Two incumbent Democrats, despite running well-financed campaigns in the heavily Democratic 24th and 34th districts, say they are taking nothing for granted in their bids to win reelection to the state Senate.
Sen. Ruben S. Ayala (D-Chino), whose 34th District stretches from Pomona to San Bernardino, has spent about $30,000 with "a lot more to spend if we need it" to extend his 13-year incumbency.
Ayala is being challenged by Republican Steve E. Turner, an accounting coordinator from Rialto, who says he has spent about $10,000 in a "grass-roots" campaign to defeat the veteran legislator.
Solid Hold on District
At the other end of the San Gabriel Valley, Sen. Art Torres (D-Los Angeles), running for a second four-year term, seems to have a solid enough hold that he has not yet spent any money on his campaign in the 24th District, which includes South Pasadena, East Los Angeles and Eagle Rock.
His two opponents, Republican Lee D. Prentiss, a Los Angeles Police Department detective from South Pasadena, and Libertarian Laura G. Brown, an English tutor from Los Angeles, have each spent less than $500 in campaigning.
The only other state Senate race in the San Gabriel Valley features Sen. Joseph B. Montoya (D-Whittier), who is running unopposed in the 26th District, which includes Monterey Park, Alhambra, Rosemead, La Puente and Baldwin Park.
The two incumbents being challenged said they have plans to campaign actively until the Nov. 4 election.
Ayala, 63, said that he is using billboards, direct mailers and radio advertisements to show voters the leadership he says he has exerted in Sacramento, particularly on the issue of bringing supplemental water supplies to Southern California.
'Never a Safe Race'
"There's never a safe race," Ayala said. "I'm taking this fellow like he was (President) Reagan running against me."
Turner, 38, who is running for public office for the first time, said he thought Ayala's grasp on the 55.7% Democratic district was "one of the easier ones" to break because of changing demographics in San Bernardino County.
"A lot of our citizenry have been new families who don't know him, who don't know his record," Turner said. "He has sat back on what he has done in the past and figured he was relatively secure."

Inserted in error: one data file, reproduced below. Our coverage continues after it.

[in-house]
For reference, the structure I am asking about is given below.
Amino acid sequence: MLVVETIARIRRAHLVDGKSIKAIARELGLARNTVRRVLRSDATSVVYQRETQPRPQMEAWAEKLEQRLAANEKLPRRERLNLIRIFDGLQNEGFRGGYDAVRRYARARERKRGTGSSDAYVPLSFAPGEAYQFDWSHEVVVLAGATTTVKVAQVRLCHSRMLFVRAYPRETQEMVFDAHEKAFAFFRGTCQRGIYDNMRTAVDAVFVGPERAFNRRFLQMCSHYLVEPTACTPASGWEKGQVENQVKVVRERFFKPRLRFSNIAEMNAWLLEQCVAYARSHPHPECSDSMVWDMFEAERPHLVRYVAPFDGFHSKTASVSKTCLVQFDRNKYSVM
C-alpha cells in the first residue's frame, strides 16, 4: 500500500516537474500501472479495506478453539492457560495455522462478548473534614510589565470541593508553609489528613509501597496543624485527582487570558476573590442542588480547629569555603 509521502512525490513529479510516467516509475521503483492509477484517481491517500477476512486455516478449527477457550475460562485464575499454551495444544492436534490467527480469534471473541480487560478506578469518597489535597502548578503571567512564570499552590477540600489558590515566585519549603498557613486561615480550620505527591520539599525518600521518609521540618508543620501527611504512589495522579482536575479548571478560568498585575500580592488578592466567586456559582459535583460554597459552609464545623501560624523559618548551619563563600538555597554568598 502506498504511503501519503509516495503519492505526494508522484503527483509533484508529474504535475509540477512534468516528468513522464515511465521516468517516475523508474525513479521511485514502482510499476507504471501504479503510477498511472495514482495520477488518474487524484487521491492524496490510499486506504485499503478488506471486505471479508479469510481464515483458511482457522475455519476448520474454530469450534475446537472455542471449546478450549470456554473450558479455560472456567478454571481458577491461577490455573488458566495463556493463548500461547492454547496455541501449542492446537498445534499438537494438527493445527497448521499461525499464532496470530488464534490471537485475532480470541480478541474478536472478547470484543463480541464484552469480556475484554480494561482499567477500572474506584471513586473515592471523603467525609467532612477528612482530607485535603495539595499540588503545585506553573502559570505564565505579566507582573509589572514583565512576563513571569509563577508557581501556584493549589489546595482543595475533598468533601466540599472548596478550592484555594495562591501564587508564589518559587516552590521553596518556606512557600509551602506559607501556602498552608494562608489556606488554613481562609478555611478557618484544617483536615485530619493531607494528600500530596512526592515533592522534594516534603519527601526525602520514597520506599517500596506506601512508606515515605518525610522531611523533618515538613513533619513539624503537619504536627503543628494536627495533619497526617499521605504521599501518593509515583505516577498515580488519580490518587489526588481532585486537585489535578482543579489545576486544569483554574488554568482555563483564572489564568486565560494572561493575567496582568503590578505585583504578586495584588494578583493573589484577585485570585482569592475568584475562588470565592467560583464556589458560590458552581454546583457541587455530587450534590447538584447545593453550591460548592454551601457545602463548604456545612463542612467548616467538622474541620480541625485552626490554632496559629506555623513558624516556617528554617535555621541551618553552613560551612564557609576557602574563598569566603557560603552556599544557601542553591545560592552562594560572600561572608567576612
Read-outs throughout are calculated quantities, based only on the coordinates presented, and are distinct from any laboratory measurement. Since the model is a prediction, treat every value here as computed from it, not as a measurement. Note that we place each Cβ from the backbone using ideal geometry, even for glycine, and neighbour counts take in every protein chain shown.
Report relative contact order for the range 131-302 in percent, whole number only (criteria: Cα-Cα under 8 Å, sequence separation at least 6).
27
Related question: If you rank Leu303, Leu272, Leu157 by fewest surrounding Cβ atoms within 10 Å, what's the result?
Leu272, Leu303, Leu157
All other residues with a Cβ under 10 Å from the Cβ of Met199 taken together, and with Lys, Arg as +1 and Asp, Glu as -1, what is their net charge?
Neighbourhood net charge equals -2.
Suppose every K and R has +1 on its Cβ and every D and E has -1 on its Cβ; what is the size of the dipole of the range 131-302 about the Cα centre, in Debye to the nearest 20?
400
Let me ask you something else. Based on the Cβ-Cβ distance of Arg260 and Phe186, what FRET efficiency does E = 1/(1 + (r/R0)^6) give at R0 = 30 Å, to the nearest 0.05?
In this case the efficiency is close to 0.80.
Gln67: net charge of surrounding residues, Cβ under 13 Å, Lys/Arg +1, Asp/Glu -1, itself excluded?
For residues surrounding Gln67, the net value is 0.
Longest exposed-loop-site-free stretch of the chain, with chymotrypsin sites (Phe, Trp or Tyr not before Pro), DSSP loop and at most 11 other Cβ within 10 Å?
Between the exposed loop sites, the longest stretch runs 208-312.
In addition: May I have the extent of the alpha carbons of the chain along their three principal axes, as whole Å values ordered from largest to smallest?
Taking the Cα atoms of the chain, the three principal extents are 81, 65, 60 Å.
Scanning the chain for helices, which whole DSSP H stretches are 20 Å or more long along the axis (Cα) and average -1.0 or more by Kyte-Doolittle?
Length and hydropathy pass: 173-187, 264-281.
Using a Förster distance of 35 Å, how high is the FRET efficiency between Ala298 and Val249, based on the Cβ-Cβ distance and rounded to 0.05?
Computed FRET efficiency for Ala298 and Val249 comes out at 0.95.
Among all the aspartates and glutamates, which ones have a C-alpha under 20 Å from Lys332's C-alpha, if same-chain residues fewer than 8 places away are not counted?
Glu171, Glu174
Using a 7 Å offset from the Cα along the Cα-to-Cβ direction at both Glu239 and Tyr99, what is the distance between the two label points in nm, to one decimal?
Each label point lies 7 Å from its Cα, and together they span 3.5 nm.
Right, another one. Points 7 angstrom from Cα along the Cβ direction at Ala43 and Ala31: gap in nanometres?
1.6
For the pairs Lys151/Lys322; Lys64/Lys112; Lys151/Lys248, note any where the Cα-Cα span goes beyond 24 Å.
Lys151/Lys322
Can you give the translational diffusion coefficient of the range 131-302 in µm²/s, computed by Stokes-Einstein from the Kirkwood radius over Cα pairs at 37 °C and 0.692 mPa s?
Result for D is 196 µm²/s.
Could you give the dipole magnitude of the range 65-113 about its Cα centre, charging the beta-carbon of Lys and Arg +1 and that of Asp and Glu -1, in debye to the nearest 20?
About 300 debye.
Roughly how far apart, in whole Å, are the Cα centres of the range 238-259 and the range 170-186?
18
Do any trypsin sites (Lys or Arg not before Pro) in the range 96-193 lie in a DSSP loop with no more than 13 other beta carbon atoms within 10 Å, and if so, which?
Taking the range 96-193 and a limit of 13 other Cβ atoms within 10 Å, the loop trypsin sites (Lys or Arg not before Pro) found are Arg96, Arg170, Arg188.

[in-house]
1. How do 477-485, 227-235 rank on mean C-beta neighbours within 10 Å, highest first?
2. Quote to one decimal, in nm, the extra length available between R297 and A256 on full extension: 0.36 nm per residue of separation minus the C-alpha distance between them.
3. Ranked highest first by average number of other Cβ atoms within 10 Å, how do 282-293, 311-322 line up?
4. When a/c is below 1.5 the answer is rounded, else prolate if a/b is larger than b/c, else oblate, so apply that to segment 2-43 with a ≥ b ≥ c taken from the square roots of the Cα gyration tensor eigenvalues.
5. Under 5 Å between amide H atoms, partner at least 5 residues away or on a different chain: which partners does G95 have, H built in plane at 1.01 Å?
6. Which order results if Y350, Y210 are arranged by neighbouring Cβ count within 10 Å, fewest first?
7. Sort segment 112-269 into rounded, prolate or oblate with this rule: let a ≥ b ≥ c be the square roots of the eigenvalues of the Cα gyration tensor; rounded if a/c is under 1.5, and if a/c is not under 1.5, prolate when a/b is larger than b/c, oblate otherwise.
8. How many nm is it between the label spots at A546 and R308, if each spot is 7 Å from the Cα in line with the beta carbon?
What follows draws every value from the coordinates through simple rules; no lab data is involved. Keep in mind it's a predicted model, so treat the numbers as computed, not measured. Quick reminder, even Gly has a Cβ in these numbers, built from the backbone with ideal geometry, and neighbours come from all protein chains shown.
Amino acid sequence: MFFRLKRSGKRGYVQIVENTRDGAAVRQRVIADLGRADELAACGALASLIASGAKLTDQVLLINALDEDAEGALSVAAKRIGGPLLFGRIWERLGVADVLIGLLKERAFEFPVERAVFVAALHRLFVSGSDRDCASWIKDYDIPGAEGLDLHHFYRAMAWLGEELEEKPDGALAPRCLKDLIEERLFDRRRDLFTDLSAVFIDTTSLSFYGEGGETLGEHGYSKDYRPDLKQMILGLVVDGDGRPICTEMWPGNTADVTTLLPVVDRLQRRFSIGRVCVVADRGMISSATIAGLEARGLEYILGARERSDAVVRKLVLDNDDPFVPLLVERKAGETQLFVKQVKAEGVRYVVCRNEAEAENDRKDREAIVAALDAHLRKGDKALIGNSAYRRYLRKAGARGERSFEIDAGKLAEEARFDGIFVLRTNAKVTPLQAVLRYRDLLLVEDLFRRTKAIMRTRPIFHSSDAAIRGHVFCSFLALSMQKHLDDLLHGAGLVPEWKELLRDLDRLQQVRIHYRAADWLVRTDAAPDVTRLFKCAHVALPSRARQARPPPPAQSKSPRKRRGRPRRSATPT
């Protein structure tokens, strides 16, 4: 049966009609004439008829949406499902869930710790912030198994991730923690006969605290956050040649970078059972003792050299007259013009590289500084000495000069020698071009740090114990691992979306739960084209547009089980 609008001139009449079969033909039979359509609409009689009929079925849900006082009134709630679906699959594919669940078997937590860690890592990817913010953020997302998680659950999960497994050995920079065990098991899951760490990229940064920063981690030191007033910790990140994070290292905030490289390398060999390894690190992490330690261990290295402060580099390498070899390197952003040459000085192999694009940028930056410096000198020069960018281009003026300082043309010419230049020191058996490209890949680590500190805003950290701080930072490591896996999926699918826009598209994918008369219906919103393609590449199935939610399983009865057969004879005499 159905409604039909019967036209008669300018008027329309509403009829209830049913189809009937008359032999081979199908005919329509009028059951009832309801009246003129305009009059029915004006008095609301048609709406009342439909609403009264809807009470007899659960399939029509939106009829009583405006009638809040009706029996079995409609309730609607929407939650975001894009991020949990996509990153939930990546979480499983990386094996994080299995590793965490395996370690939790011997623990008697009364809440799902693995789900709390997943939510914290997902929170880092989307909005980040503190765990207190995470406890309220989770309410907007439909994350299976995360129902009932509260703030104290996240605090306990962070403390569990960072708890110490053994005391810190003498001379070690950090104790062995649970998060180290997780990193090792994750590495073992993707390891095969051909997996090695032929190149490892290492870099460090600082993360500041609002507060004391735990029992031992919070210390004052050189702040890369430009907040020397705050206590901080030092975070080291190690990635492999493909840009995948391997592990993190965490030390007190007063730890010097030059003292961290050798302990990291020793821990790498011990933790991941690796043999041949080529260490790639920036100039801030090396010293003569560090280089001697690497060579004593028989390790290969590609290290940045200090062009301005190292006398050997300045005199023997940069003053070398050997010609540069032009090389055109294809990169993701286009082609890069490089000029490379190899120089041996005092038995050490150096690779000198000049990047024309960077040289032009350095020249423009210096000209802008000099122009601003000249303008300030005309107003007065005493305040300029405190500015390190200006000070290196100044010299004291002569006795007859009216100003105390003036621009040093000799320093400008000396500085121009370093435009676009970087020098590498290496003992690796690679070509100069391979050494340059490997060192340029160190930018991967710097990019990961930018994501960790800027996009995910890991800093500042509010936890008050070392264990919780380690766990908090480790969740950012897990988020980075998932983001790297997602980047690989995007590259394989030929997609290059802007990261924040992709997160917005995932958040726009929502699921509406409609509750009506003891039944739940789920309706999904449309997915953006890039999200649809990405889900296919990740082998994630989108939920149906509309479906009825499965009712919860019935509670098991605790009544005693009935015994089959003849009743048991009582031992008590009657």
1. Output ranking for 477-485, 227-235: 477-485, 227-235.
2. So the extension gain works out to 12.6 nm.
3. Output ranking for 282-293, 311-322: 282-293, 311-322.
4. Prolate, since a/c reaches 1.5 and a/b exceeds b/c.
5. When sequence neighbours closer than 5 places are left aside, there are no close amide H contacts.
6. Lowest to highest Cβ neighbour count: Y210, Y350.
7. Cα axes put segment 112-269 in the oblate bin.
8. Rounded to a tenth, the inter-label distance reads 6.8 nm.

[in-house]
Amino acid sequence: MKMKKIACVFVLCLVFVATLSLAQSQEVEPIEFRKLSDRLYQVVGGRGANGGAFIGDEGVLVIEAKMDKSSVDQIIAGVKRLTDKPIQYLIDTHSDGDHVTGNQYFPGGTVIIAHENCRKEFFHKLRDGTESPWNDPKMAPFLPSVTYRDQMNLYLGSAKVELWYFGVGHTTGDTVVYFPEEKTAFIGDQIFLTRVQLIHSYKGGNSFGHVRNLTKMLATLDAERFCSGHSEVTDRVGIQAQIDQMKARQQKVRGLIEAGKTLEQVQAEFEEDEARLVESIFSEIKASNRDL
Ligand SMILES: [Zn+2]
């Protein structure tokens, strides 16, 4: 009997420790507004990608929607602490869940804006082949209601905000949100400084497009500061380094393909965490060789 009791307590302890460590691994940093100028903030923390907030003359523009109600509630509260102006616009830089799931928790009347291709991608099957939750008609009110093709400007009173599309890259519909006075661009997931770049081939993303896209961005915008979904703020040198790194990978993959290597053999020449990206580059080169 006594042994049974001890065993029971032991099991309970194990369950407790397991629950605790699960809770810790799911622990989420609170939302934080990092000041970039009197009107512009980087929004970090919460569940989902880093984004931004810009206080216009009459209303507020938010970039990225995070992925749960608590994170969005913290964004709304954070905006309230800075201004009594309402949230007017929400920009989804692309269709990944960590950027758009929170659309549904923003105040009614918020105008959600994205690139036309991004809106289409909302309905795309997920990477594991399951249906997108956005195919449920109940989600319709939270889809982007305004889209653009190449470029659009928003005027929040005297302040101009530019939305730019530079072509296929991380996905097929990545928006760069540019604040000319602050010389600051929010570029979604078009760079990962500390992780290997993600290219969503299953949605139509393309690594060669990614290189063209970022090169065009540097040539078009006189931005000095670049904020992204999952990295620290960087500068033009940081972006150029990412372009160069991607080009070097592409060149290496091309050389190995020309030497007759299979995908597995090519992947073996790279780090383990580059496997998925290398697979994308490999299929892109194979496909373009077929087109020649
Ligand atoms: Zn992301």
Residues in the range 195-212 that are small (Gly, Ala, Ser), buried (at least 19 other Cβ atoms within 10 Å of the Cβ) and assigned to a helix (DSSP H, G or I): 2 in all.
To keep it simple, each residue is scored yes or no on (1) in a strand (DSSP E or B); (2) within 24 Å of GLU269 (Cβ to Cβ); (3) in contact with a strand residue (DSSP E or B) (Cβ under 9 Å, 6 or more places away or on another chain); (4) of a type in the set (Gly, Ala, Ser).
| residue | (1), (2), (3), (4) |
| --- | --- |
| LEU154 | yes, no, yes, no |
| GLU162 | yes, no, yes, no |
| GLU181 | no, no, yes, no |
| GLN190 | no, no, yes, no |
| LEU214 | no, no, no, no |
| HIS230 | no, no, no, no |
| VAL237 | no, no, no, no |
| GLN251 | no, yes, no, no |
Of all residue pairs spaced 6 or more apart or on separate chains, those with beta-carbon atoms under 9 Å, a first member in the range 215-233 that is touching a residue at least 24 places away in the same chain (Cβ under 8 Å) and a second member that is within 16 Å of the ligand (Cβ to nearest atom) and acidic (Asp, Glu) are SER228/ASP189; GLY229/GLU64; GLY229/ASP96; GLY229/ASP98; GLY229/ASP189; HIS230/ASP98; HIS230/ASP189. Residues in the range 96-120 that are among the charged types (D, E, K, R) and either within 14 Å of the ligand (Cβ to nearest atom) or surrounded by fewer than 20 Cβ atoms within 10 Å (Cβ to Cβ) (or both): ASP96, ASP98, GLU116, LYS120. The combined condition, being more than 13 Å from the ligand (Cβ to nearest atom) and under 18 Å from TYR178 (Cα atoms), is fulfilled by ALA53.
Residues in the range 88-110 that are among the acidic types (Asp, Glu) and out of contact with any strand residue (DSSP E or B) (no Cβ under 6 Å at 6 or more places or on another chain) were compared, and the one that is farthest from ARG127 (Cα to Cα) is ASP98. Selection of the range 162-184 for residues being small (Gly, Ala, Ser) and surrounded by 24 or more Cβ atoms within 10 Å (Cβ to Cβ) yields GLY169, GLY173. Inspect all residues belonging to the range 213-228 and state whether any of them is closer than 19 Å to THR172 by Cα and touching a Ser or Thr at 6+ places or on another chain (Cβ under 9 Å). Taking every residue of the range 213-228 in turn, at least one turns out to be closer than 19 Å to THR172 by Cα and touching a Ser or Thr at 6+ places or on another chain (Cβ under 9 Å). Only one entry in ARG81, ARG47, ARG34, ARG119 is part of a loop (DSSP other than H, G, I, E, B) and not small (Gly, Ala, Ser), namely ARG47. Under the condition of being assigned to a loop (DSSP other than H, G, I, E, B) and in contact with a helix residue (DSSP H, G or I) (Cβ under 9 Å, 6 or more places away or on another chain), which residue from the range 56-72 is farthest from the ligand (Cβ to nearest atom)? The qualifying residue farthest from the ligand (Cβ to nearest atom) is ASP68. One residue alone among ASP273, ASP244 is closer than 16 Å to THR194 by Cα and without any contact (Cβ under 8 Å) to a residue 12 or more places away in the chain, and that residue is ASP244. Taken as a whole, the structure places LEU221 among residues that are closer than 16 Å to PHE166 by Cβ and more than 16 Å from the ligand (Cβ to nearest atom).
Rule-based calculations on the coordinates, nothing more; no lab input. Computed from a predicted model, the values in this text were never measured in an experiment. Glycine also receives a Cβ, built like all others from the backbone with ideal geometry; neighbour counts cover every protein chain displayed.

Turner also criticized Ayala for "ineffectiveness" in providing local leadership, especially over water issues that he said the senator should have had the clout and expertise to tackle.
A recent clash between local water districts that resulted in the development of two water treatment plants in the Inland Empire could have been prevented if Ayala had intervened and recommended that one plant be constructed to service the entire area, Turner contended.
"We need leadership that represents our district and not Sacramento," Turner said.
Ayala, however, said that he involves himself in local disputes only if he is asked by local agencies to participate.
"Apparently, Mr. Turner is not aware of the different levels of government," Ayala said. "If he wants to get so heavily involved, he ought to be running for one of the local water boards instead."
The issue of water ultimately is a statewide responsibility, Ayala said, adding that he would continue his efforts to transfer water, possibly by means of a new canal, from Northern California to the Southland.
"I'm convinced that unless supplemental water is brought down here by the turn of the century, we're going to be in deep trouble in Southern California," Ayala said. "If there's no water, there's nothing."
Both candidates said they are opposed to the confirmation of California Chief Justice Rose Elizabeth Bird, but they differ on Proposition 63, the measure to declare English the state's official language.
Turner said that "we should have one language," and that "while we all have a heritage from somewhere else, as Americans we have to assume a new life style and new ways of doing things."
Ayala said that he supports "the idea of making everyone learn English" but opposes the measure because he thinks it is poorly written and could invite excessive litigation.
Despite running in a district with nearly 68% of the voters registered as Democrats, Torres said that he is not taking his seat in the 24th District for granted.
Torres, 40, was uncontested in the primary election.
"Whether a district is safe or unsafe, people are accountable to their constituents," Torres said. "You're still vulnerable."
Prentiss, the Republican challenger, who also serves as mayor of South Pasadena, conceded that Torres may be unbeatable but said he is running to protest a district alignment that is basically "unfair."
"I object to the philosophy of lopsided gerrymandering," Prentiss said. "It becomes extremely obvious to anybody that you can't possibly win. He could do virtually anything and not be defeated."